It’s a good question and, as I said earlier, this wouldn’t be my first pick for a 'get ready for Christmas' talk. Let’s not forget though that Advent is the build up to the arrival of Christ. I believe that the same advice to the disciples to be alert, be ready, keep listening and looking for Jesus still apply. There have been times this year when it has felt like the entire social order is about to collapse around us. Maybe those 1st century christians felt something similar as the Roman army marched towards Jerusalem. People of all faiths have had to abandon their physical places of worship and find new ways to be together and worship. Just as Jesus told them to stay vigilant and be prepared, I believe that he is telling us the same through whatever our struggles may be.
It’s kind of abstract being ready for Jesus though isn’t it. I believe to be ready for Jesus means to be open to hearing him speak. I know people who say they have heard an audible voice of God and I've no reason to doubt them but I can’t say I’ve ever known anything like that. I do believe in using the head and heart the Lord has given me though. I don’t need to hear a supernatural voice to know that Jesus calls me to help the helpless or to comfort the broken. I’ve heard him speak to me in the scriptures about that.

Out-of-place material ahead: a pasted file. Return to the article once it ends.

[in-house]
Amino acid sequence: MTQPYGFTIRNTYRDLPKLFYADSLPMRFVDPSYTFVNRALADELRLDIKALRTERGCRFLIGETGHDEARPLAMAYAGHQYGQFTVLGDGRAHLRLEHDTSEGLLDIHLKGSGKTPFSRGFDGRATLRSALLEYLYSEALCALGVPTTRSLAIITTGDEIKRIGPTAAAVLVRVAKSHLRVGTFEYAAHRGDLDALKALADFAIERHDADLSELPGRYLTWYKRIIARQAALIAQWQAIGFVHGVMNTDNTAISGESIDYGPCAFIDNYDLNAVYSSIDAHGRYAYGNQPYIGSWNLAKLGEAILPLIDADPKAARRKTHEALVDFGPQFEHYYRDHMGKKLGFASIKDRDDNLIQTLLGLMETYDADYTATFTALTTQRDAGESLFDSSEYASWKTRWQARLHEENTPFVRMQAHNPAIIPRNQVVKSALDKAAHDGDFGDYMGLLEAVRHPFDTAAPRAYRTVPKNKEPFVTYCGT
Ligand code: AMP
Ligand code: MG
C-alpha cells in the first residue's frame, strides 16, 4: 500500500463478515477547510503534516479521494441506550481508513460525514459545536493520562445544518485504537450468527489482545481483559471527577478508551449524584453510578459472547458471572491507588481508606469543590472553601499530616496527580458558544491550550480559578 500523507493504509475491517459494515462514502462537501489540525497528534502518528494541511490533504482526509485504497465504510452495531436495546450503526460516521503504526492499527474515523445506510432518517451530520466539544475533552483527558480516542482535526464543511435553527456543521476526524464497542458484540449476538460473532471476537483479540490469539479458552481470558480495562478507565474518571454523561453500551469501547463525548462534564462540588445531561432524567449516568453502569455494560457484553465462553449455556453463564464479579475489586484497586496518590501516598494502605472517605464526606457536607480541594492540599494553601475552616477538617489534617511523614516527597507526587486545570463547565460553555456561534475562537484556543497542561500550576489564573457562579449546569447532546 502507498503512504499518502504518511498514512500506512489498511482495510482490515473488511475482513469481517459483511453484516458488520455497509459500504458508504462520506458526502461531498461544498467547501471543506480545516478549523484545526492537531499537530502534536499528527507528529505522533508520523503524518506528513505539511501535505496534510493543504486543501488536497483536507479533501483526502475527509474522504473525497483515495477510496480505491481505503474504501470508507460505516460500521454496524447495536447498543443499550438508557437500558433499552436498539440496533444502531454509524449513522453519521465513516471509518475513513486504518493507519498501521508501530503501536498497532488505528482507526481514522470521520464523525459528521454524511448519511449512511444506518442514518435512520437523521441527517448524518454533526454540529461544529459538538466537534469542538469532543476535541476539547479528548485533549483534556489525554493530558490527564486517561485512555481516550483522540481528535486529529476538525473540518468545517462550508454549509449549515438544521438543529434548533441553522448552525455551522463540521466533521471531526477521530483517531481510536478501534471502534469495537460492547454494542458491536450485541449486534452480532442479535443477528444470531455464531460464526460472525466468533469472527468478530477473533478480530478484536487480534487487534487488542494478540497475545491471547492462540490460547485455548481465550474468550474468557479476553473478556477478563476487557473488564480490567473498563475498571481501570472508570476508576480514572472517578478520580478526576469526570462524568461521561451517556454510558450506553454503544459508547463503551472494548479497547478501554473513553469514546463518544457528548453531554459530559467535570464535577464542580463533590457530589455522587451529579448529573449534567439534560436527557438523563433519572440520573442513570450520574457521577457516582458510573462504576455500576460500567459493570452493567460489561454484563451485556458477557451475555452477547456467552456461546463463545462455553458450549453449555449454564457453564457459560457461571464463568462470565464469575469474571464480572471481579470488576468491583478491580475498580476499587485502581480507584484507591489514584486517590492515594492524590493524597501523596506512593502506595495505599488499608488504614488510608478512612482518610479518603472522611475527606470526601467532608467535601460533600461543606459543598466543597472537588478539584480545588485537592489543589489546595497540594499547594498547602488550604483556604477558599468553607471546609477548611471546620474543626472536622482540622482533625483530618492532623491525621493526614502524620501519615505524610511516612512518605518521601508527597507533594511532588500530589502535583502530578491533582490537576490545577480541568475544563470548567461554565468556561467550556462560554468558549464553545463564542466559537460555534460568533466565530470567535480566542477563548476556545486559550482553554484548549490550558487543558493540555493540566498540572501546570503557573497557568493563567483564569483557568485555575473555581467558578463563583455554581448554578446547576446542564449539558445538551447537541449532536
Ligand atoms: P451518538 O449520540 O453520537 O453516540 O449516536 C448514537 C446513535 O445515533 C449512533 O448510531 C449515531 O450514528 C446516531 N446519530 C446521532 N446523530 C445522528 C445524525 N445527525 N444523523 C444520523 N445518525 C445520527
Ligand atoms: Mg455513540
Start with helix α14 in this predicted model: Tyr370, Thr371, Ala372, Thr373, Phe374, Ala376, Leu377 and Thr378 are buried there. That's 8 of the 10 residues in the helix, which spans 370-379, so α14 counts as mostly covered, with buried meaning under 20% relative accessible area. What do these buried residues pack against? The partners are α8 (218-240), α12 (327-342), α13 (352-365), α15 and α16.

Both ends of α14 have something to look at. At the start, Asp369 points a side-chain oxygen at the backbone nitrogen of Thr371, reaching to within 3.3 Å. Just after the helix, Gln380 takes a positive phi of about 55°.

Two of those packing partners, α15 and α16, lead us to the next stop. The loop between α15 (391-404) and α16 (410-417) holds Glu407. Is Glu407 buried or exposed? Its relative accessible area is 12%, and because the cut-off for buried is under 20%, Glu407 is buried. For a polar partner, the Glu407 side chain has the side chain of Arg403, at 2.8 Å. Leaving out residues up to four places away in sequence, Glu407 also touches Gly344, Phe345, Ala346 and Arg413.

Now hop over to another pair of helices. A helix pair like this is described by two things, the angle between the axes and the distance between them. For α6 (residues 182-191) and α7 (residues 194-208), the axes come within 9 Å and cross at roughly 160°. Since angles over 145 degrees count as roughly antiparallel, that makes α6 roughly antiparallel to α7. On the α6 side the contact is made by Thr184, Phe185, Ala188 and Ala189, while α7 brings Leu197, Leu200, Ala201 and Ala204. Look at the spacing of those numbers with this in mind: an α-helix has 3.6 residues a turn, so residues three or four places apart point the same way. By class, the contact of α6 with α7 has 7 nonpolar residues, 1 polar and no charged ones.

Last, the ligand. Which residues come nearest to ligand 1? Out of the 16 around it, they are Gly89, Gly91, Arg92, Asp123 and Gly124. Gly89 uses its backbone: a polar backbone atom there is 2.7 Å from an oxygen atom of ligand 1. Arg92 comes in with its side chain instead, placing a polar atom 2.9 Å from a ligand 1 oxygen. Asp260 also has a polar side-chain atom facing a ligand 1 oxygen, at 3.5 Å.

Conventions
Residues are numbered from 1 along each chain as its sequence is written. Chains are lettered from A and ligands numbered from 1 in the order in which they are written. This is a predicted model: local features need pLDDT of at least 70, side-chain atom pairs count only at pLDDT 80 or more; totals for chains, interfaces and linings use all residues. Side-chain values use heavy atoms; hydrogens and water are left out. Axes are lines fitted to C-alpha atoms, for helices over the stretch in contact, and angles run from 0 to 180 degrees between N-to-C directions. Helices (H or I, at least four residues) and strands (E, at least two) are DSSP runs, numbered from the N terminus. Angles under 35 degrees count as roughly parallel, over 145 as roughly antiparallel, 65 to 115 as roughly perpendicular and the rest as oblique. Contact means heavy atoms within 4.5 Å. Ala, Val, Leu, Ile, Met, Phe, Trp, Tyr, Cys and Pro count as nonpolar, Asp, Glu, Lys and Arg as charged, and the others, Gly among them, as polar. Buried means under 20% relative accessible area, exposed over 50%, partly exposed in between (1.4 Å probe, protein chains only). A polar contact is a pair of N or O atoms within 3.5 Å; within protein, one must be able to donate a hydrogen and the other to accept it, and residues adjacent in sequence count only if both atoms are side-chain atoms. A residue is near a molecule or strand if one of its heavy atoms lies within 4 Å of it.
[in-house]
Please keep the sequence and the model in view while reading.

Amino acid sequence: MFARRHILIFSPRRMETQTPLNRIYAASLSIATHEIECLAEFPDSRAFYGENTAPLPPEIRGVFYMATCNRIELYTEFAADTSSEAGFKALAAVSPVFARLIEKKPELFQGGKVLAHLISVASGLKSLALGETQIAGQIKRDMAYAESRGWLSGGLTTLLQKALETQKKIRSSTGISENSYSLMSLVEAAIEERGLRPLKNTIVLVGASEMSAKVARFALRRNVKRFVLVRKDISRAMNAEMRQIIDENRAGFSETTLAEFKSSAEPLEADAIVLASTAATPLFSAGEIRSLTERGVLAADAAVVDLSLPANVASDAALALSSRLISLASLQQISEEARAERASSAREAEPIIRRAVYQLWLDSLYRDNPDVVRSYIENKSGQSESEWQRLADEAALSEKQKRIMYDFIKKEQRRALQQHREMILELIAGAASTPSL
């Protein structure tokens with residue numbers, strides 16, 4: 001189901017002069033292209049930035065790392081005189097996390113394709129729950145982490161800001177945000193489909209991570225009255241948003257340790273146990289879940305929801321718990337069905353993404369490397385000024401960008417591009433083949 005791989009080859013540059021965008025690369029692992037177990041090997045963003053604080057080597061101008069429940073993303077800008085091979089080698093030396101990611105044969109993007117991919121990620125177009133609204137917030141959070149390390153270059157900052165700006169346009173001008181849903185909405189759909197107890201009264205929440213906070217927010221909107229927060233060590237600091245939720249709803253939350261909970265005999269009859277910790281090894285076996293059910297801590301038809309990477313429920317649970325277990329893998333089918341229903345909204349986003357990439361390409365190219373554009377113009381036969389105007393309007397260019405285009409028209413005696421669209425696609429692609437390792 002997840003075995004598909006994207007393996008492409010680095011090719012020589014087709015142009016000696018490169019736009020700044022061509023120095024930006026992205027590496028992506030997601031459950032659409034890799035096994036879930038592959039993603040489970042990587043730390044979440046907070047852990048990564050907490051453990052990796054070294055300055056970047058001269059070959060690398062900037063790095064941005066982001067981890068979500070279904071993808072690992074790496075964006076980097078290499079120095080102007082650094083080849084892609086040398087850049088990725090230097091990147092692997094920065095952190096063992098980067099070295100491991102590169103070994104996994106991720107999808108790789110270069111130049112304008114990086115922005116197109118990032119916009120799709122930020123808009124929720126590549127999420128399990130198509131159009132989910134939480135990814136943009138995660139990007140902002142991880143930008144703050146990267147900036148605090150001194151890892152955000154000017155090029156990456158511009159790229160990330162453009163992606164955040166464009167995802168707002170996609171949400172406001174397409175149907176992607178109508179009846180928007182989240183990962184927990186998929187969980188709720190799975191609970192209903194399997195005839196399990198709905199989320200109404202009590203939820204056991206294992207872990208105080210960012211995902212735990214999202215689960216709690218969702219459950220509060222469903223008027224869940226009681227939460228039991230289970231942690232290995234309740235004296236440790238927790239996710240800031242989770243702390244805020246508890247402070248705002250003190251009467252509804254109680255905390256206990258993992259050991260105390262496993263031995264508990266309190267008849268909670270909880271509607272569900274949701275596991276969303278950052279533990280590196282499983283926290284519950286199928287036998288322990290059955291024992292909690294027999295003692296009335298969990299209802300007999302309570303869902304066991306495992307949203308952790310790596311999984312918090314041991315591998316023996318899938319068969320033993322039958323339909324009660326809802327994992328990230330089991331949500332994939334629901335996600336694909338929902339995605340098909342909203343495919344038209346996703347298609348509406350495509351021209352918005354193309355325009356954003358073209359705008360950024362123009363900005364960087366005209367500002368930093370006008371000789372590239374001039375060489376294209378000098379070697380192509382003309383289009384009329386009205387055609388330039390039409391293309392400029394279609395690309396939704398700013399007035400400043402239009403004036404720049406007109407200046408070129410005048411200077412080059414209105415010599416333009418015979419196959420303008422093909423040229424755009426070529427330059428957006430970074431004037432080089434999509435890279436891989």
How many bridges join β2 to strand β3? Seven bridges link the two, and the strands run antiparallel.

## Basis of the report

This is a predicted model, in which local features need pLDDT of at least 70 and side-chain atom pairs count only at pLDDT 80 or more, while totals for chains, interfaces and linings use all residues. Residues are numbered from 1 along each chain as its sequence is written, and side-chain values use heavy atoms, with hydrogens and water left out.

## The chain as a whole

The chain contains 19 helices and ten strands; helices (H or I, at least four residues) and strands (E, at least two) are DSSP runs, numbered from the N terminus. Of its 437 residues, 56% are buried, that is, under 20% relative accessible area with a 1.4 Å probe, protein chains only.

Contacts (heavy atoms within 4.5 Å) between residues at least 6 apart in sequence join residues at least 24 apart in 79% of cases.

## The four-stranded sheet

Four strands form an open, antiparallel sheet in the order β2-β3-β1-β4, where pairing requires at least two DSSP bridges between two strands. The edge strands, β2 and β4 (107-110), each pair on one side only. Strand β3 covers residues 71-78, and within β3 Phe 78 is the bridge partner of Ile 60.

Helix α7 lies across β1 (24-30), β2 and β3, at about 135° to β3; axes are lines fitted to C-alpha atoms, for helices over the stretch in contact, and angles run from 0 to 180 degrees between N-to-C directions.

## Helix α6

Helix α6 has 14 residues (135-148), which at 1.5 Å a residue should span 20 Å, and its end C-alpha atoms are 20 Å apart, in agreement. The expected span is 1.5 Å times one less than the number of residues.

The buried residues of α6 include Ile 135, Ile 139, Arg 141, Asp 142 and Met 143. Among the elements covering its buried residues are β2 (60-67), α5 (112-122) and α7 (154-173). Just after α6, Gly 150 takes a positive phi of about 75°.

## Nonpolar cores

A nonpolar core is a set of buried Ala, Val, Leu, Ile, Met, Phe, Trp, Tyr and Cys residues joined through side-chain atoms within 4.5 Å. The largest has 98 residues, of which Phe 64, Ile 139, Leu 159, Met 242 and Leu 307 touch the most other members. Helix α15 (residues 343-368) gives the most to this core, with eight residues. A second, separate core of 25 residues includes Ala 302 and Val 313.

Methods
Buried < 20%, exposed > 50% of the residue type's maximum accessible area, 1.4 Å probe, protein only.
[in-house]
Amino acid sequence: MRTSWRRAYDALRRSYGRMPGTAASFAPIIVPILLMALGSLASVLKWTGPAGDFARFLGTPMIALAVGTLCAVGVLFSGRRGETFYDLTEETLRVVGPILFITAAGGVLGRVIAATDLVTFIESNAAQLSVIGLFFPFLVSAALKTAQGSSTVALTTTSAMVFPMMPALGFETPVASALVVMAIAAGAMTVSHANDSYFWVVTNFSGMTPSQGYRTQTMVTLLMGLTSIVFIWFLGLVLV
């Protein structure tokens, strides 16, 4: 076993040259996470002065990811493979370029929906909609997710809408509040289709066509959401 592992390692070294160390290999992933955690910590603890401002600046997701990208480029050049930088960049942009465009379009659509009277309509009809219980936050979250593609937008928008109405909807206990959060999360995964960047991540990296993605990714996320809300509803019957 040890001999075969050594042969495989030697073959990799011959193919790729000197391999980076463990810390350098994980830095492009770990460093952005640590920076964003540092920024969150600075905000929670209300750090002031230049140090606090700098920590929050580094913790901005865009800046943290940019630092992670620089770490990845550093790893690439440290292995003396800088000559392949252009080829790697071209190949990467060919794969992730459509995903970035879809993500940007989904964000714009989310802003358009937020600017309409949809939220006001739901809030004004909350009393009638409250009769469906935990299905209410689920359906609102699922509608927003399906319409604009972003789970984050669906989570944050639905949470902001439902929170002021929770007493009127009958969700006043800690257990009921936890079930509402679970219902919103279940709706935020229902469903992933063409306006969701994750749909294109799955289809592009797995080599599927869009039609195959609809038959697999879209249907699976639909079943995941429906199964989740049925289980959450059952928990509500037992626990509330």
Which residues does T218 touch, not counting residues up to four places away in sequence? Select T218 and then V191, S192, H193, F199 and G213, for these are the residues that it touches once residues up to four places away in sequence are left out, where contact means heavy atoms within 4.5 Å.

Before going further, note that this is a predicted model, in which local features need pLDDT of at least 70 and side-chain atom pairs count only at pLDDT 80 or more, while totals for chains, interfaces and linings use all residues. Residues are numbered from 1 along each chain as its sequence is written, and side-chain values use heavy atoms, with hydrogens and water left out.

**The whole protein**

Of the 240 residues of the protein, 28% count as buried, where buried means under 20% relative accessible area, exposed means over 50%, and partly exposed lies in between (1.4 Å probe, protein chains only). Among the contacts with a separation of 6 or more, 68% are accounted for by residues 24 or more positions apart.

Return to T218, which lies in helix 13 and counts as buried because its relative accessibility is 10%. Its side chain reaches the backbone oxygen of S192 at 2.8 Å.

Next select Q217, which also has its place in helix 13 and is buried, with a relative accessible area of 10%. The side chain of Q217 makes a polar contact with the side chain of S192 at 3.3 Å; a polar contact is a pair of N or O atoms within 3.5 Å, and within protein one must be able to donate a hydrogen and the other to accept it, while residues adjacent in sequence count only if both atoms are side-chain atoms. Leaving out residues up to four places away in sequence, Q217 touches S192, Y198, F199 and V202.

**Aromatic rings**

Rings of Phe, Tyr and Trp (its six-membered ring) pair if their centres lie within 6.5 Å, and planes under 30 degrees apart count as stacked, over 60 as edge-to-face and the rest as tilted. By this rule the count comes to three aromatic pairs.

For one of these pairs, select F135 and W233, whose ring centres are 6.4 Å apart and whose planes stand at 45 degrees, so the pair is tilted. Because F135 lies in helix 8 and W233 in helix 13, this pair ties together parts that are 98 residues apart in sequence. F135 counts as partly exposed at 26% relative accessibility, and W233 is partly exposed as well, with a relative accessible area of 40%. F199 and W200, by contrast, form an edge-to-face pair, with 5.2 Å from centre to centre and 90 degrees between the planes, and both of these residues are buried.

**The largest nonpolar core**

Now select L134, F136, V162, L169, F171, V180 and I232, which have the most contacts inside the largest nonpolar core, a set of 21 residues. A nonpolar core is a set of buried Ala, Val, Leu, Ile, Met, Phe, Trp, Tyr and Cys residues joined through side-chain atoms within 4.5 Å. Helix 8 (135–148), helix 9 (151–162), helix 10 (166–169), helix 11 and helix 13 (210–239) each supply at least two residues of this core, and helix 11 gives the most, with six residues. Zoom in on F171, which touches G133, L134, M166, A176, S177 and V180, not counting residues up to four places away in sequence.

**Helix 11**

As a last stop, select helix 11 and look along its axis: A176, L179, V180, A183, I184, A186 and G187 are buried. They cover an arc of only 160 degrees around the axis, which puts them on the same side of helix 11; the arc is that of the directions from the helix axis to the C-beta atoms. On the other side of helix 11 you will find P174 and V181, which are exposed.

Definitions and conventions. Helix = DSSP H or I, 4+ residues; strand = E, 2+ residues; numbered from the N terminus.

I’ve been led by this passage to think more and more about verse 26. Seeing Jesus coming on the clouds and being called by his angels to respond. What if I start to look for Jesus in all those around me and responding to the call. What if I see Jesus coming to me in a dingy across the Channel, or I see Jesus coming to me in a queue for a food bank?
To me this remains a passage about Jesus, about to leave the world behind, at least in body, telling his nearest and dearest to carry on all the good work. To keep working hard to love those around you. To stay true to the things he’d taught them. To be prepared for things to get really bad but to never forget that he sits in ultimate authority and glory. That he will always be there for them.
And so this advent as we celebrate that first arrival of Jesus as man to earth, let’s continue to confidently wait for his final return. It’s certain to be worth it.
The Gospel story of Jesus’s baptism by John the Baptist involves obedience-and-faith, revelation-and-witness. Obedience-and-faith,...
Holidays are Coming
It's the first week of advent and our reading for today is Mark 13:24-37??